Court Won't Block Amgen's Biosimilar Sales Despite Genentech's Appeal

A panel of judges for the United States Court of Appeals for the Federal Circuit has denied Genentech’s motion to block sales of Amgen’s biosimilar trastuzumab pending the outcome of an ongoing appeal.
Kelly Davio
August 09, 2019
A panel of judges for the United States Court of Appeal for the Federal Circuit has denied Genentech’s motion to block sales of Amgen’s biosimilar trastuzumab pending the outcome of an ongoing appeal.

Last month, Amgen launched the first anticancer biosimilars, Kanjinti (trastuzumab) and Mvasi (bevacizumab) in the United States. The pair of launches came after the United States District Court for the District of Delaware denied a motion from rival drug maker Genentech to block the launch of Kanjinti.

The trastuzumab biosimilar references Roche and Genentech’s Herceptin, and Genentech had asked the court to block Amgen from launching the product. According to the court’s decision in the case, Genentech failed to show that it would suffer irreparable harm if its motion were denied.

It went on to say that, given that Genentech was aware since May 2018 that Amgen planned to launch its biosimilar, and given that Genentech received other information from Amgen in the discovery process that alerted it to the Kanjinti launch date, Genentech’s late request—filed in July 2019—for a restraining order was “contrary to the spirit and purpose of the BPCIA,” which gives parties ample time to adjudicate disputes without seeking immediate intervention by the court.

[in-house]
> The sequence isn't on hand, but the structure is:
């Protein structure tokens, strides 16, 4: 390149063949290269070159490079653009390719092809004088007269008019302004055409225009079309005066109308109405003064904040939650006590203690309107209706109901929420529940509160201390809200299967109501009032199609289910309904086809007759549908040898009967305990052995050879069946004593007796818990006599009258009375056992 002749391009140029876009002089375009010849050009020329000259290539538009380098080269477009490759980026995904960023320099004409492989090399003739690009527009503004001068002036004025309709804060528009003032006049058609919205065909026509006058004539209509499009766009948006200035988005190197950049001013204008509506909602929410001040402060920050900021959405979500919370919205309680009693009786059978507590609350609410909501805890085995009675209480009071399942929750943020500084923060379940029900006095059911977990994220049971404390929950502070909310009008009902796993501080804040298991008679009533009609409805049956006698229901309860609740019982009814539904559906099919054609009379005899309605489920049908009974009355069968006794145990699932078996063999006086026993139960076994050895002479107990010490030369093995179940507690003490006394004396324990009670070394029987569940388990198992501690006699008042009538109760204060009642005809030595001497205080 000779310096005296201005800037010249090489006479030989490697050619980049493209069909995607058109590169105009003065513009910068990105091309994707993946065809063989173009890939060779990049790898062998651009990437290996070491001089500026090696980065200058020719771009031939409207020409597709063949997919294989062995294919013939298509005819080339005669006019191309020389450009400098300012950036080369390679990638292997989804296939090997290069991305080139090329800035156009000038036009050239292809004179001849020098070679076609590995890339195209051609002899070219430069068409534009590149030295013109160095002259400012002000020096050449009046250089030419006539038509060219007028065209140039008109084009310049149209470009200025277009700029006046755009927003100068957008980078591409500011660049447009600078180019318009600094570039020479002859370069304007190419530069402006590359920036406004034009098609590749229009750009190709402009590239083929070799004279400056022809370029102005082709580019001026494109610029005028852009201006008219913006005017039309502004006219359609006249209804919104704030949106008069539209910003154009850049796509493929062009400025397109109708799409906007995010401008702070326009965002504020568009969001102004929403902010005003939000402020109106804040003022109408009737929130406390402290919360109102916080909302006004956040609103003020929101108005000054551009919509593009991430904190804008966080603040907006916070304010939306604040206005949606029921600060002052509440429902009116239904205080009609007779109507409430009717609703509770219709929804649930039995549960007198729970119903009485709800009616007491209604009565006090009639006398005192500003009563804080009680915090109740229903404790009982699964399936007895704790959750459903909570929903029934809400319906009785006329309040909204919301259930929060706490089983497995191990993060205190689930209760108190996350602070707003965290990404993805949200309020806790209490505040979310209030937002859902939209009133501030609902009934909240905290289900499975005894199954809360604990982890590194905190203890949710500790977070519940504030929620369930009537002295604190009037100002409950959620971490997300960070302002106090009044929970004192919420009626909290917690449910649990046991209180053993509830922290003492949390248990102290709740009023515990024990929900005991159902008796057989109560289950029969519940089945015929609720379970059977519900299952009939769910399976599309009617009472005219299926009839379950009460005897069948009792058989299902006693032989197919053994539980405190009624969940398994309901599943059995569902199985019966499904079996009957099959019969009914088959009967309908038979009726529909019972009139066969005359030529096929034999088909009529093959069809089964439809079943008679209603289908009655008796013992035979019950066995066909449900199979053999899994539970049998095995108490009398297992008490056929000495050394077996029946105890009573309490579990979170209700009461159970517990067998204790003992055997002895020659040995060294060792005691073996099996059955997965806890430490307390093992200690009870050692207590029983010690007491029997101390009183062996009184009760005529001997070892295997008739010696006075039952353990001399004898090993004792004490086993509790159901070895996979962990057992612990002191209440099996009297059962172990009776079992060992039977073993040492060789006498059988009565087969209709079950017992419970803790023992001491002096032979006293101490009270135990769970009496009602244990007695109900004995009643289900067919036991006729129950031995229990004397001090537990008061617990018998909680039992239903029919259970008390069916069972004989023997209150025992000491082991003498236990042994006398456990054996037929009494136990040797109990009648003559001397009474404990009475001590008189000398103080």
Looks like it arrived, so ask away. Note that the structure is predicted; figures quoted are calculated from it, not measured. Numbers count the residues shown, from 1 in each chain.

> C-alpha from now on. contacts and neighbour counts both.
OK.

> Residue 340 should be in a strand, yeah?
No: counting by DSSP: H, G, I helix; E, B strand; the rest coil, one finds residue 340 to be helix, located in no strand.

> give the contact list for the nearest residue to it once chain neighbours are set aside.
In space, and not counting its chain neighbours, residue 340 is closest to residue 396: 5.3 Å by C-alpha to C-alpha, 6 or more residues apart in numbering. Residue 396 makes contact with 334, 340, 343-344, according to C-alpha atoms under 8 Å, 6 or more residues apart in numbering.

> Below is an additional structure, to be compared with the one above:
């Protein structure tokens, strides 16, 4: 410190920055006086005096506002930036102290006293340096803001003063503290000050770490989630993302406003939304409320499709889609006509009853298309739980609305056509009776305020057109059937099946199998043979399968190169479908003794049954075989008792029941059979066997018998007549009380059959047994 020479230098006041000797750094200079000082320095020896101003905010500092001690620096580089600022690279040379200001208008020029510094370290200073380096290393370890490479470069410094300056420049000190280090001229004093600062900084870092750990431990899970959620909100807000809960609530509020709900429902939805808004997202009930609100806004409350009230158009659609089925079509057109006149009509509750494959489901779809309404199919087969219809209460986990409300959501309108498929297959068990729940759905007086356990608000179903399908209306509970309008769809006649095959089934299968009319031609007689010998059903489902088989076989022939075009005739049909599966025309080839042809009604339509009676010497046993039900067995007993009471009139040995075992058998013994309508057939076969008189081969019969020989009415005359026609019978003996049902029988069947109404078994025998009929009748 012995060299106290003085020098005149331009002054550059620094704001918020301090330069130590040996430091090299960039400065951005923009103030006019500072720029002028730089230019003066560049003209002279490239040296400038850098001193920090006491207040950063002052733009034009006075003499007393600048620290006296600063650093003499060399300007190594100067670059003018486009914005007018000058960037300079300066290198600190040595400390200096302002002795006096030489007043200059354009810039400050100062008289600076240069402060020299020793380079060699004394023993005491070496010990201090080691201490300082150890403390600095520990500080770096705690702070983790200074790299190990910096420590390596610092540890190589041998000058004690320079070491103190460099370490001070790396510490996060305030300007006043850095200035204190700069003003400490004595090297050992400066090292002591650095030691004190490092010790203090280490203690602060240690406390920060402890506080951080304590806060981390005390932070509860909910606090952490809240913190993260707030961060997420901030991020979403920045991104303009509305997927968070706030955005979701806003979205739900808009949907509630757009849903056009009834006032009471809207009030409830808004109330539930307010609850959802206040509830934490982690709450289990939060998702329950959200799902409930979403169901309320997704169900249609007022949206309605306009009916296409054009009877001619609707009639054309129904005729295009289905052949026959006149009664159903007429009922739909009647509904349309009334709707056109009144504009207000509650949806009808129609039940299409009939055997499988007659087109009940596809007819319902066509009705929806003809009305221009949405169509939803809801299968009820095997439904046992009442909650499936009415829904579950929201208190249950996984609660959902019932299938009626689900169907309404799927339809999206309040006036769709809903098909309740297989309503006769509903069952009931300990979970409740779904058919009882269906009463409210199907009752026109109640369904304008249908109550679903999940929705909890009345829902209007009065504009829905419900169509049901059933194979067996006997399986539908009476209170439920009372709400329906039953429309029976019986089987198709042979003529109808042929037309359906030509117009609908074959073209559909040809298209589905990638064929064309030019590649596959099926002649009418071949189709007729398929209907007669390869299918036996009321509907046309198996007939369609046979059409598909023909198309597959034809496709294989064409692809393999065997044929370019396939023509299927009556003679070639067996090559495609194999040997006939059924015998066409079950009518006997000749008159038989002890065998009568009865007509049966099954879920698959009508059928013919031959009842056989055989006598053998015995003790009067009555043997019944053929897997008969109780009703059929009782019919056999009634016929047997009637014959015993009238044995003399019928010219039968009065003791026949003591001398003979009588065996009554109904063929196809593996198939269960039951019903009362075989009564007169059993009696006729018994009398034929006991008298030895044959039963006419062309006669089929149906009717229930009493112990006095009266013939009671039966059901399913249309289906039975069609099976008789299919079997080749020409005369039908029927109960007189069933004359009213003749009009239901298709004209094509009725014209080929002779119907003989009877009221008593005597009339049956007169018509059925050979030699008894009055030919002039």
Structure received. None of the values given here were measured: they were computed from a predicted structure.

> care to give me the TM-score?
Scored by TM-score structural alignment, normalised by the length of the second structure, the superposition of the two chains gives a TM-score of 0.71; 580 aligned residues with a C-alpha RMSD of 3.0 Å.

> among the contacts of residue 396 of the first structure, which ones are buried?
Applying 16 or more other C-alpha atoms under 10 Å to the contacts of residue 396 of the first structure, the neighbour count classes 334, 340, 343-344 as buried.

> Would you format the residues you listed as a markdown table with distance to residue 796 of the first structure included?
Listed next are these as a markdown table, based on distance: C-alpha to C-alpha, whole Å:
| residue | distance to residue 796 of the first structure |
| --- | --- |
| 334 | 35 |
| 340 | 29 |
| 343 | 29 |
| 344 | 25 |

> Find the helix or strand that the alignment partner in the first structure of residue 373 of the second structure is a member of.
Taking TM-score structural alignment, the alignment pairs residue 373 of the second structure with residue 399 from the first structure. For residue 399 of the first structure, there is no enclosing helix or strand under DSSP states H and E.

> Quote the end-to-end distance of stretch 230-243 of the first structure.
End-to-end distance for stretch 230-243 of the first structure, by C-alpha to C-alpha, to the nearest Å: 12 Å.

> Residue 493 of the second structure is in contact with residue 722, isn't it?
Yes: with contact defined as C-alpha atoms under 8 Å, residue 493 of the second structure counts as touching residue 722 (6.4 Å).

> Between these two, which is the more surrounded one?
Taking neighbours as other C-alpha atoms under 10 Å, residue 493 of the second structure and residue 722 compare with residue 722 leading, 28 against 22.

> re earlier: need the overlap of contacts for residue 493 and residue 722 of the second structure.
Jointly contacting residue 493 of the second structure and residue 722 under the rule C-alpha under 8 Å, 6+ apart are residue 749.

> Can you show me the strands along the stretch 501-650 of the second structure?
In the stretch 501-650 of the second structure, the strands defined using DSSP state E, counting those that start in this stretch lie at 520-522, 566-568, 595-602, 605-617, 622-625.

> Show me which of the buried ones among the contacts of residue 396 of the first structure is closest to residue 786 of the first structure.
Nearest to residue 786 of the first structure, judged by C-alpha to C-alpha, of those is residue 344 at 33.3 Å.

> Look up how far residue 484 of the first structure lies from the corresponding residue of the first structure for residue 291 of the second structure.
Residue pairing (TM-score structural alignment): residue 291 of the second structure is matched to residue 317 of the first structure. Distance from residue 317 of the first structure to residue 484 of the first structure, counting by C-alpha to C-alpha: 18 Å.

Next, Genentech filed an appeal. Now, in a 1-page order filed this week, the court denied Genentech’s motion for an injunction that would have barred sales of Kanjinti pending the resolution of the appeal.

According to the panel, “we conclude that Genentech has not established that an injunction pending appeal is warranted here,” though the determination is without prejudice to the ultimate disposition of the case. The panel also said, in response to Genentech’s request to expedite the appeal, that Genentech has not demonstrated that Amgen is able to expedite its filings in the case.

With respect to a separate action related to bevacizumab, which revolved around 2 patents owned by Genentech related to manufacturing processes for bevacizumab, the United States District Court of the District of Delaware also recently denied an emergency motion for a temporary restraining order and a prohibition on commercial marketing of Amgen’s Mvasi, which references Genentech’s Avastin.

Genentech had argued that because the FDA approved supplements to Amgen’s Biologics License Application (BLA) for the biosimilar, Amgen should provide new notices of marketing related to those supplements.

The court disagreed, saying that the Mvasi product that was subject to the FDA’s original approval is the same as the product for which supplements to the BLA were also approved. The court found that Genentech could not succeed on the merits, and “that finding alone necessitates denial of Genentech’s motion.”

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